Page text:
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Pandemic Helps Fuel Increase In Crypto Romance Scams
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Pandemic Helps Fuel Increase In Crypto Romance Scams

Online romance scams had already been increasing in frequency since before the start of the coronavirus pandemic. Since the beginning of the pandemic, the number of scams has grown just as cryptocurrency prices had in 2020 and beyond. 

After breaking records comparable to the boom in the online casino industry, there were more than 56,000 reports of romance fraud received by the Federal Trade Commission in 2021. This was an increase of more than 70% from the previous year.

What Is a Romance Scam?

The pandemic is the single factor that likely contributed to the exponential growth of romance scams. It provided the perfect excuse for scammers not to meet their potential victims in person. Once a potential target’s trust is gained by romancing them, the scammers will make the victim believe they are a successful investor and offer advice for fake investment opportunities that most often involve cryptocurrency. 

Cryptocurrency was the number one method victims used to pay romance scammers last year, totaling about $139 million. That’s an increase of more than five times the amount lost in 2020 to the same type of scams. According to data from the FTC, about $121 million was lost by way of bank transfers, with another $93 million paid through wire transfers last year. 

The Global Anti-Scam Organization is a nonprofit which helps represent victims of crypto romance scams. Its deputy director, Jan Santiago, says that these scammers aren’t targeting the usual older victims who are less tech-savvy. Instead, they target younger educated women on dating apps, with mostly millennials being the biggest victims of the latest scams. 

How The Scam Works

Scammers will attempt to move conversations with their victims from a dating app to an encrypted messaging app such as WhatsApp to make it more difficult for businesses or law enforcement agencies to track the activity.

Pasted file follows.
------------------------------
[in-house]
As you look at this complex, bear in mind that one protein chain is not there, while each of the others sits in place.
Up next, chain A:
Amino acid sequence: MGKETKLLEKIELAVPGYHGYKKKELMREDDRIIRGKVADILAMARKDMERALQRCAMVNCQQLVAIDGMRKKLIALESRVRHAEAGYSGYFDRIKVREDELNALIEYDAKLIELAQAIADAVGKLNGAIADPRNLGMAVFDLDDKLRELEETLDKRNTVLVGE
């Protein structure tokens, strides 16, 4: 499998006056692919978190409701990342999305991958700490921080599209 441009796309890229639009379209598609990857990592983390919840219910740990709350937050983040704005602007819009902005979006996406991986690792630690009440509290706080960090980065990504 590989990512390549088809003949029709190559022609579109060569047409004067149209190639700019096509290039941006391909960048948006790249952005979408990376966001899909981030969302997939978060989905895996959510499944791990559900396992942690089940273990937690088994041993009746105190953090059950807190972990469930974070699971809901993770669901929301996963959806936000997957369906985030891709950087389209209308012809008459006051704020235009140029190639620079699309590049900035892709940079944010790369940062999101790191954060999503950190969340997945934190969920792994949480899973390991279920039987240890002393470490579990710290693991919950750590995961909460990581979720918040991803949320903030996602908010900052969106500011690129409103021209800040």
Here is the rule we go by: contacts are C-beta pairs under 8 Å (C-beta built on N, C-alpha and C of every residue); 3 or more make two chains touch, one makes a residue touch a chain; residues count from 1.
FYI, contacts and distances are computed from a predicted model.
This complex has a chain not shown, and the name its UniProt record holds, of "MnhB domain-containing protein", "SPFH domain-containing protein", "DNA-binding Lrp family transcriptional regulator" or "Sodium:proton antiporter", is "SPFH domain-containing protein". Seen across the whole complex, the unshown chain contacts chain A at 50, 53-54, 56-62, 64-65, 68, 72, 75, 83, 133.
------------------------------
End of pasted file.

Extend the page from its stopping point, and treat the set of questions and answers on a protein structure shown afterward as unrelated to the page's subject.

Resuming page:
After romancing the victim, the conversation will eventually turn to cryptocurrency. The scammer will pose as a successful investor and offer to help the victim invest their money for low-risk returns. 

These scams are sometimes very elaborate and labor-intensive than anything seen in the past. Victims have described cases where they were directed to realistic-looking sites showing prices and tickers featuring various cryptocurrency assets. Victims are sometimes even allowed to withdraw small sums of cash early in the scam to make them feel more comfortable depositing larger amounts later. 

Ultimately, when the victim is ready to withdraw funds again, the scammers will make excuses for why they can’t withdraw and inform the victim that taxes or additional fees must be paid or that they haven’t met the minimum account balance for a withdrawal. The scammers will eventually stop responding once the victim refuses to send more funds. 

Because romance scammers are very persistent and have a lot of patience, it’s common for many victims to send money to them multiple times over a long period for various reasons. The scam is psychological and can make a lot of money for the scammers while destroying the lives of the many vulnerable, lonely victims. 

How to Avoid Becoming a Victim

Anyone who is the victim of a romance scam online should report the activity to their bank and contact the FBI. Some of the agency’s recommendations are to not take investment advice from anyone you’ve only contacted and spoken to online. 

Also, never disclose your financial information and avoid anyone who claims you can make an easy profit through exclusive investment opportunities. These typically urge you to “act fast” or miss out on the opportunity. 

The absolute safest thing to do to avoid being scammed is not to look for romance online and always remain cautious about all of your online relationships, whether they’re romantic in nature or not. Being aware of the signs to protect yourself from being a victim is the best way to protect yourself and avoid being prone to any online scam. 

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